I am not the only one that thinks this either. An article posted on Kotaku in 2014 addressed the same thing. It is now 2016 and new sim games are still being produced. If you can think about a normal everyday job, that involves a vehicle, then there is probably a simulator game for it. As the article states, it's getting out of hand.

To sum this little rant up, I firmly believe that it is YouTube's influence that makes these games popular. YouTubers will continue to make videos because making a mockery out of the genre makes views and thus money. These games are not good, they are simply the product of a system that is based on people buying the games as a joke. This naturally makes the developers money and gives them an incentive to keep producing new sims.

What are your thoughts on these niche sim games? Do you love them or do you agree with me and never touch them? Let me know in the comments!

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Eurotruck Simulator 2 on Oculus Rift Makes YouTuber Lose His Mind https://www.gameskinny.com/ew43h/eurotruck-simulator-2-on-oculus-rift-makes-youtuber-lose-his-mind https://www.gameskinny.com/ew43h/eurotruck-simulator-2-on-oculus-rift-makes-youtuber-lose-his-mind Tue, 22 Oct 2013 12:21:58 -0400 Stephen Johnston

If you are a big fan of the Oculus Rift and/or Eurotruck Simulator, you will get a kick out of this effusive video from YouTuber Emart. Even with the relatively low-res, Emart is beside himself with the experience of driving a truck in Europe.

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Gaming's Five Weirdest Simulations https://www.gameskinny.com/ibeks/gamings-five-weirdest-simulations https://www.gameskinny.com/ibeks/gamings-five-weirdest-simulations Thu, 16 May 2013 11:46:32 -0400 Alan Bradley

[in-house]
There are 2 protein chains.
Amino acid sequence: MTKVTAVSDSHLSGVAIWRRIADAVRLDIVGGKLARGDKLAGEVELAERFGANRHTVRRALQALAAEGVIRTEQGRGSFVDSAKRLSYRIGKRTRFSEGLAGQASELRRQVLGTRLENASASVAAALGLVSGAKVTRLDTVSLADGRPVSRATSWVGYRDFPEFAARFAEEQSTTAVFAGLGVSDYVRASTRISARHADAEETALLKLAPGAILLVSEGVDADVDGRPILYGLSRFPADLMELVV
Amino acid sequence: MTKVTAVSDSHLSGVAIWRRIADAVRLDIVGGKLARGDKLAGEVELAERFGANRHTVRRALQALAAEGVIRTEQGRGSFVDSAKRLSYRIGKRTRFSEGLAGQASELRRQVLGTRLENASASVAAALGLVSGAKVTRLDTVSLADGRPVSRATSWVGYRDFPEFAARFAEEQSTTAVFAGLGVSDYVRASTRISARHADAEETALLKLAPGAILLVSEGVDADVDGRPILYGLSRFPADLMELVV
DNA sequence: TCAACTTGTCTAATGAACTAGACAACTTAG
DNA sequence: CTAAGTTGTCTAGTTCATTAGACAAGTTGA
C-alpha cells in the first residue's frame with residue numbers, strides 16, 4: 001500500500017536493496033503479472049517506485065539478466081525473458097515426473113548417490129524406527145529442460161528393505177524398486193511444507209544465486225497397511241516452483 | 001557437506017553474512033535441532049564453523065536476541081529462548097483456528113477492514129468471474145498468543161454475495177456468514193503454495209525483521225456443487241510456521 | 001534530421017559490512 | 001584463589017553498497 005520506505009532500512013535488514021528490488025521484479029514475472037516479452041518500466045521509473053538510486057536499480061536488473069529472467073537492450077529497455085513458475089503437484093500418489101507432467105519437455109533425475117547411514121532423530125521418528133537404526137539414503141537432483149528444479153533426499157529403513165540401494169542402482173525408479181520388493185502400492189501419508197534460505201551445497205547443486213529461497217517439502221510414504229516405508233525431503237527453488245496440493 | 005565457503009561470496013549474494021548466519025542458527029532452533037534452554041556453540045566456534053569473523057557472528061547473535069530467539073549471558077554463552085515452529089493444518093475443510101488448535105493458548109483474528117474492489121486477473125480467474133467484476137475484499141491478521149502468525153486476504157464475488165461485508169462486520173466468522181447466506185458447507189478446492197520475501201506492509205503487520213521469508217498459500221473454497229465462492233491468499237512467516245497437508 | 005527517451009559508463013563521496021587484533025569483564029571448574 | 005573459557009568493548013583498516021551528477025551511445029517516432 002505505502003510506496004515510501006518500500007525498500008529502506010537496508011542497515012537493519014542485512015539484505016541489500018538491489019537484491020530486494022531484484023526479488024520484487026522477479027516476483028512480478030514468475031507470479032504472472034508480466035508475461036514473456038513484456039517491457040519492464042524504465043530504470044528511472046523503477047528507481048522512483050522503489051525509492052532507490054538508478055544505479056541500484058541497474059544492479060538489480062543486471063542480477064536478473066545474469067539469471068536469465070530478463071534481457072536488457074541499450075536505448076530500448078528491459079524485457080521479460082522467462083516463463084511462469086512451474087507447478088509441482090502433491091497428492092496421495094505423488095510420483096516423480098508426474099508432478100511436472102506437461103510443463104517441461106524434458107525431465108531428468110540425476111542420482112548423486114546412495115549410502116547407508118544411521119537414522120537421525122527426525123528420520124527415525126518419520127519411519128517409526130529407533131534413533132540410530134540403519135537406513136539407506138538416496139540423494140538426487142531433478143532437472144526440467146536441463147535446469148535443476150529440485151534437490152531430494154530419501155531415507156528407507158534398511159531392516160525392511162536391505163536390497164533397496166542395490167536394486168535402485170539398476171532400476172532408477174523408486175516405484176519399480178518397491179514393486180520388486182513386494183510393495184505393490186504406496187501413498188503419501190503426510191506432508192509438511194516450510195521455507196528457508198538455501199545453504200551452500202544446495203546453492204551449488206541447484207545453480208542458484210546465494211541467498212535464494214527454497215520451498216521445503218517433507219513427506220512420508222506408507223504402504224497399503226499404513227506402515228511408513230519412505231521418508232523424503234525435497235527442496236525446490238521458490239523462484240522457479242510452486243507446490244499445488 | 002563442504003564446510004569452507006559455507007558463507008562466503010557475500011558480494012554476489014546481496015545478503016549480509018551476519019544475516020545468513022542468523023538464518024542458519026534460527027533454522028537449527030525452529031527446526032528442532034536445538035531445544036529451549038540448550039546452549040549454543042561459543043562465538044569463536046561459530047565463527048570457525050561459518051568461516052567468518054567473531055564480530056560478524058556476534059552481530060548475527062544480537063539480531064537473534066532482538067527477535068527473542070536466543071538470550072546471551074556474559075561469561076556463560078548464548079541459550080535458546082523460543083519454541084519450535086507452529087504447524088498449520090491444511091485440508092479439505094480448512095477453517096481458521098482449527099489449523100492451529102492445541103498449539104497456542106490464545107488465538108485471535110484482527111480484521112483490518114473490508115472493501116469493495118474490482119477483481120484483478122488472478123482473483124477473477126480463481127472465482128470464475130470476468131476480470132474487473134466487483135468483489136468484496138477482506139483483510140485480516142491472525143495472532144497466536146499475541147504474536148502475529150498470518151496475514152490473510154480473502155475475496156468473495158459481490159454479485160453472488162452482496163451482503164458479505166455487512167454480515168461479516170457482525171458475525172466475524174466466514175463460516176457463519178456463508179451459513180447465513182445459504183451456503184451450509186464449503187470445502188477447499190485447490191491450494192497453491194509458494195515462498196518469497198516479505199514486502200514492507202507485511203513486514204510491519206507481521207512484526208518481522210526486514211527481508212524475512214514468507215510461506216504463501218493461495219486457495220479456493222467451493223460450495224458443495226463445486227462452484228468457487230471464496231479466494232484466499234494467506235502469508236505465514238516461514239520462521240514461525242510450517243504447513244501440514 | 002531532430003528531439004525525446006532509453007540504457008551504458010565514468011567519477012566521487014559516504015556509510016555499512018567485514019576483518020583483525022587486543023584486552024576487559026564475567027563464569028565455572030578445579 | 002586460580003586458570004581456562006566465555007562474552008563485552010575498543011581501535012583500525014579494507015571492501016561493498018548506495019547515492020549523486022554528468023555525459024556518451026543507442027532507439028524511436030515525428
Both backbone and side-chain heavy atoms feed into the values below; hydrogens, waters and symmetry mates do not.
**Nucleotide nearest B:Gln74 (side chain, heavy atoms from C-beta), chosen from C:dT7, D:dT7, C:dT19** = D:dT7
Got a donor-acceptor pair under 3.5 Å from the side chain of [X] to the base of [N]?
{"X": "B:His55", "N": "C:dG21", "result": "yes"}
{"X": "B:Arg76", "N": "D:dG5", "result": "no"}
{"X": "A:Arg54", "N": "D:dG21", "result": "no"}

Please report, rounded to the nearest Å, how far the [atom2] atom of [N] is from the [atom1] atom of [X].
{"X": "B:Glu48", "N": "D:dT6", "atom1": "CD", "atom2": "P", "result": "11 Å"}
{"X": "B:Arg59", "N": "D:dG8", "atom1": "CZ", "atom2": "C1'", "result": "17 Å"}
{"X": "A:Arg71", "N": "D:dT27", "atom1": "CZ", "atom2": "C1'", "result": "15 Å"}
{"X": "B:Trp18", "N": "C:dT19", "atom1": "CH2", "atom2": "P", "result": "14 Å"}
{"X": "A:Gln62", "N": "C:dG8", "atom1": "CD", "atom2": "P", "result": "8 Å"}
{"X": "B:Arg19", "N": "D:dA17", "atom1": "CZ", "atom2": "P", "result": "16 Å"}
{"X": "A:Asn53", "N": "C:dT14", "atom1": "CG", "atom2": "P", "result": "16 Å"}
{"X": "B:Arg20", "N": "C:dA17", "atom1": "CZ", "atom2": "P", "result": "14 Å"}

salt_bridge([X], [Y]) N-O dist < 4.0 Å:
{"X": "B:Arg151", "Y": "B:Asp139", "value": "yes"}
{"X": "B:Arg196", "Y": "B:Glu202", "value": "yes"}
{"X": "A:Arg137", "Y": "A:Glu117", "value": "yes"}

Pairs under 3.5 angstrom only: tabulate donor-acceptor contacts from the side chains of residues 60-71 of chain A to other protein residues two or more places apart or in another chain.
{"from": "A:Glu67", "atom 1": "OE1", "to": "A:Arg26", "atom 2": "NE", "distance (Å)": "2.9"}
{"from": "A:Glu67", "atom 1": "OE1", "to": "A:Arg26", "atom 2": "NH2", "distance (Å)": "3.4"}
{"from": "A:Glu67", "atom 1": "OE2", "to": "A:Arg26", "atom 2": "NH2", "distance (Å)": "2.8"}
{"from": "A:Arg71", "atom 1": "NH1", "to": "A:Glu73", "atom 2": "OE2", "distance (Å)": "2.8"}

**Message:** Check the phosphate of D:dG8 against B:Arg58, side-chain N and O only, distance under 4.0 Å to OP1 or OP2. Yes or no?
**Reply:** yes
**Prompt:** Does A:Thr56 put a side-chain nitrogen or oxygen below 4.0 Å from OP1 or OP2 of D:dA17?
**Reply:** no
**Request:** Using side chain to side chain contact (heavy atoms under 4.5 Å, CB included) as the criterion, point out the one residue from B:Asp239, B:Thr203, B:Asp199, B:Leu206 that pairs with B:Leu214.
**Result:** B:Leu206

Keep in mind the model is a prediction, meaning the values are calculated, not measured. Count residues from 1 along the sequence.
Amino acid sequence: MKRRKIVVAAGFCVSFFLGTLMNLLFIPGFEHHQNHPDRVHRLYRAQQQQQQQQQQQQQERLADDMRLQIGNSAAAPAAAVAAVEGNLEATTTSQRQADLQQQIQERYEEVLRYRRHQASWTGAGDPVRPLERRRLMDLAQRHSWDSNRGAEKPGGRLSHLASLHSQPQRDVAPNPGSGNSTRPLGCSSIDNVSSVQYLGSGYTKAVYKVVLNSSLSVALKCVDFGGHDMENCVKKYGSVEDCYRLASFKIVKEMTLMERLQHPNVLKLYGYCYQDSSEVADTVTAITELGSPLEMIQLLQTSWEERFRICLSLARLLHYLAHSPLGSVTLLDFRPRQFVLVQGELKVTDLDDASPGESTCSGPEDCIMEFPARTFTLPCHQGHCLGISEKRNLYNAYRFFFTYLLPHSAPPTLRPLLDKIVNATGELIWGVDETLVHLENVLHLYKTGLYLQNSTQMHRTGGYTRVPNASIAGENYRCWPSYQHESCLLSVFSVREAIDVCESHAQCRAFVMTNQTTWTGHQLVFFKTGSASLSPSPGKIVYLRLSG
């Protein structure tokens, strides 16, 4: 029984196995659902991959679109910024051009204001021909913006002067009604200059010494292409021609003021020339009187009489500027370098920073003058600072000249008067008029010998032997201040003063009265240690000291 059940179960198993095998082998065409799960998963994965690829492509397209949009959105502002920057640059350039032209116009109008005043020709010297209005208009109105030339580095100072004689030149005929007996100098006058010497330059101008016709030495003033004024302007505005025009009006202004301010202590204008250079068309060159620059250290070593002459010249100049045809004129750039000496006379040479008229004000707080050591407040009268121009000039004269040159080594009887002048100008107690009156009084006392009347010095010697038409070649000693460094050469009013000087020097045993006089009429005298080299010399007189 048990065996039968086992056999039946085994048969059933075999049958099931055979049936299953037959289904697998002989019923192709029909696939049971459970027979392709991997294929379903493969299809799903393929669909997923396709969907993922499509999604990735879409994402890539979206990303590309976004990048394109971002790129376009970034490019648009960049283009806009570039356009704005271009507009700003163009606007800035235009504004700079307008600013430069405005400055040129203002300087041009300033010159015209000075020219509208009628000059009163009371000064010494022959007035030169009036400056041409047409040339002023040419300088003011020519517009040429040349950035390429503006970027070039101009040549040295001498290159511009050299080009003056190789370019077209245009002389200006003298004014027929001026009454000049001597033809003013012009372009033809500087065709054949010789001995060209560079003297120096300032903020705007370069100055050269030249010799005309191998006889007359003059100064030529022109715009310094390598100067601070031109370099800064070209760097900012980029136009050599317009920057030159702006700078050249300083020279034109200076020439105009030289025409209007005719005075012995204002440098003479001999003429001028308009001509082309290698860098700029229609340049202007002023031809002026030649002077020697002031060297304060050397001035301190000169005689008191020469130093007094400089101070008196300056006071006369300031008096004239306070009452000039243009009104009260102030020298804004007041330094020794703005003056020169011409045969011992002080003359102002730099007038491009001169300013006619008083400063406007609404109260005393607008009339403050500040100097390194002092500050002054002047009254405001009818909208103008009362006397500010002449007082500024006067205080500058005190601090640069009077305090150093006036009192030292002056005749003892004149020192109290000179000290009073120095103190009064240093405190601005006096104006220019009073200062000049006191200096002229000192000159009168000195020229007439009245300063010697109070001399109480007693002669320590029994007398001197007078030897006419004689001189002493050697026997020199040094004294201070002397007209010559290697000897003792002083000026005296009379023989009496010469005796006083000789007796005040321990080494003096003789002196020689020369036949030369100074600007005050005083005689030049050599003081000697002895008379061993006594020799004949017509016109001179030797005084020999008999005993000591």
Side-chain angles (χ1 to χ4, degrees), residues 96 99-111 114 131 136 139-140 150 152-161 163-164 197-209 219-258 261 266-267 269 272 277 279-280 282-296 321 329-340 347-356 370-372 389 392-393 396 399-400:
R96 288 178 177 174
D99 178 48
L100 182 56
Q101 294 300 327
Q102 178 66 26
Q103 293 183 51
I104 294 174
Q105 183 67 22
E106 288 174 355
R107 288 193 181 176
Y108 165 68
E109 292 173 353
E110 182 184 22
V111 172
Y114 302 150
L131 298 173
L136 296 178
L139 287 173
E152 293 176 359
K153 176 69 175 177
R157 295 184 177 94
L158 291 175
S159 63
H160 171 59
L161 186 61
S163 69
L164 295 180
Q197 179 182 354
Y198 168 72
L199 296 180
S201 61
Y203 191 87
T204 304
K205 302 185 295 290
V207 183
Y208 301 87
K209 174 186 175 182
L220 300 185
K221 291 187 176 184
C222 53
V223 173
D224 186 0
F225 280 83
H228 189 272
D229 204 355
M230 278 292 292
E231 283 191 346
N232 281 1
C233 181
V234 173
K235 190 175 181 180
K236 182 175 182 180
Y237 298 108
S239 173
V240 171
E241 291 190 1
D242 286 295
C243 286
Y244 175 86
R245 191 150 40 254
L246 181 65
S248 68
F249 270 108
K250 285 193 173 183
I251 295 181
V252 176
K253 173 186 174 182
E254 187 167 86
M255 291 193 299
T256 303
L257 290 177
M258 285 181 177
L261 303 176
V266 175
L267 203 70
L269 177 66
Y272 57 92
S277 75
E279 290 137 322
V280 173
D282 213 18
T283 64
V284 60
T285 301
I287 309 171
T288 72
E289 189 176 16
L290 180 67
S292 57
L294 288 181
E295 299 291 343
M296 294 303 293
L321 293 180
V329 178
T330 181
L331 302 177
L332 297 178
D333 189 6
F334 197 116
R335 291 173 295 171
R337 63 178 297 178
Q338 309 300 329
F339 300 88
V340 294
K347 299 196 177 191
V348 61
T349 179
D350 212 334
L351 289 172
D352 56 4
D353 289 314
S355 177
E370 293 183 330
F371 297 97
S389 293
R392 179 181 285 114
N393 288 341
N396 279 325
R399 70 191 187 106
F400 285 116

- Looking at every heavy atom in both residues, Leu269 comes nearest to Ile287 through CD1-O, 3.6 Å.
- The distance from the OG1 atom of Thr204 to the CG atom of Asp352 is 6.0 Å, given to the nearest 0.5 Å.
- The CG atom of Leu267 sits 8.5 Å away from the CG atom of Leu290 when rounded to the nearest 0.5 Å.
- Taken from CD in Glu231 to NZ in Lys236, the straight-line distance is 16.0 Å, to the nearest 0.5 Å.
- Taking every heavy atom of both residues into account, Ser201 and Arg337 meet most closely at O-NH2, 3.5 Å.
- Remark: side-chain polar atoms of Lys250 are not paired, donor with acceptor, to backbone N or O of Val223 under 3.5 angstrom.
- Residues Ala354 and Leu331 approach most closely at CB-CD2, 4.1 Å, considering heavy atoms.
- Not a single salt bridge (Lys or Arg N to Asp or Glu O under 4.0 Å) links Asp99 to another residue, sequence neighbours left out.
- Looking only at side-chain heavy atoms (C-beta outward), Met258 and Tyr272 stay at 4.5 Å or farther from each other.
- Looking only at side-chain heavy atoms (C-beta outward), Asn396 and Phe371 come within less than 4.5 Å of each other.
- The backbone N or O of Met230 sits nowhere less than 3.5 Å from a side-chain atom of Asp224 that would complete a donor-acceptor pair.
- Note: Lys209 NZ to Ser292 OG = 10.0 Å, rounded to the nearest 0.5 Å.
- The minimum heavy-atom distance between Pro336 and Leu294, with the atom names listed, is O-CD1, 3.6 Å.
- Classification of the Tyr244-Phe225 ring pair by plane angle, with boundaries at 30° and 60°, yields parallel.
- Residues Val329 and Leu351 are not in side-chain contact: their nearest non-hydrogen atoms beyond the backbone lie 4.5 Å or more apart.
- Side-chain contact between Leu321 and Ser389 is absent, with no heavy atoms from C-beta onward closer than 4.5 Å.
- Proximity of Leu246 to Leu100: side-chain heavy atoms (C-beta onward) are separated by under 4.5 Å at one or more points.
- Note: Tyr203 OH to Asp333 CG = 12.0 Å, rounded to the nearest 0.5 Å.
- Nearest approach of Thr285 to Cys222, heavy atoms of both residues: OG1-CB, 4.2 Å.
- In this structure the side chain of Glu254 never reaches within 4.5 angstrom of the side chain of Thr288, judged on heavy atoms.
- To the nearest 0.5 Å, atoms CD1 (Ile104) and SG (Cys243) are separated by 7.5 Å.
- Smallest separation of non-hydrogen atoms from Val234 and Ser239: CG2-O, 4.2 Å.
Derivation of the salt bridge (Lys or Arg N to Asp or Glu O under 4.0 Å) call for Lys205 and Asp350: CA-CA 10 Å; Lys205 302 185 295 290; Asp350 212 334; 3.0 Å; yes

Escapism is one the most important pleasures video games provide.  Be it inhabiting a fantastical virtual world outside of our own material universe, or filling the shoes (or chain mail greaves) of a hero on an epic quest, the best games allows us to slip the bonds of our day-to-day and experience things that might otherwise be impossible.  Sometimes, though, our fantasies don’t involve hurtling through space faster than light or battling exotic monsters.  Sometimes we want to experience something that feels very real because it’s wholly possible, if completely outside our norm.  Enter simulations.

While most simulations focus on exciting professions or engagements beyond the scope of our average experience, the ones on this list tend towards the bizarre, mundane, or bizarrely mundane; in fact, calling some of these products “games” is a stretch.  Join us for a voyeuristic peek into some of the strangest corners of PC simulation. 

 Eurotruck Simulator

 We’re not entirely sure who was clamoring for an intensely detailed, highly realistic simulation of the European trucking and transport industry, but apparently demand was high enough that a pair of games (thus far) was required.  The Eurotruck franchise lets you experience every level of a trucking enterprise, from managing your company and purchasing equipment, to loading, driving, and servicing your trucks.  The trucks themselves are rendered in exquisite detail, from the lightbars and mirrors to the complex interiors.  These trucks, in other words, are smoking hot and ready to party.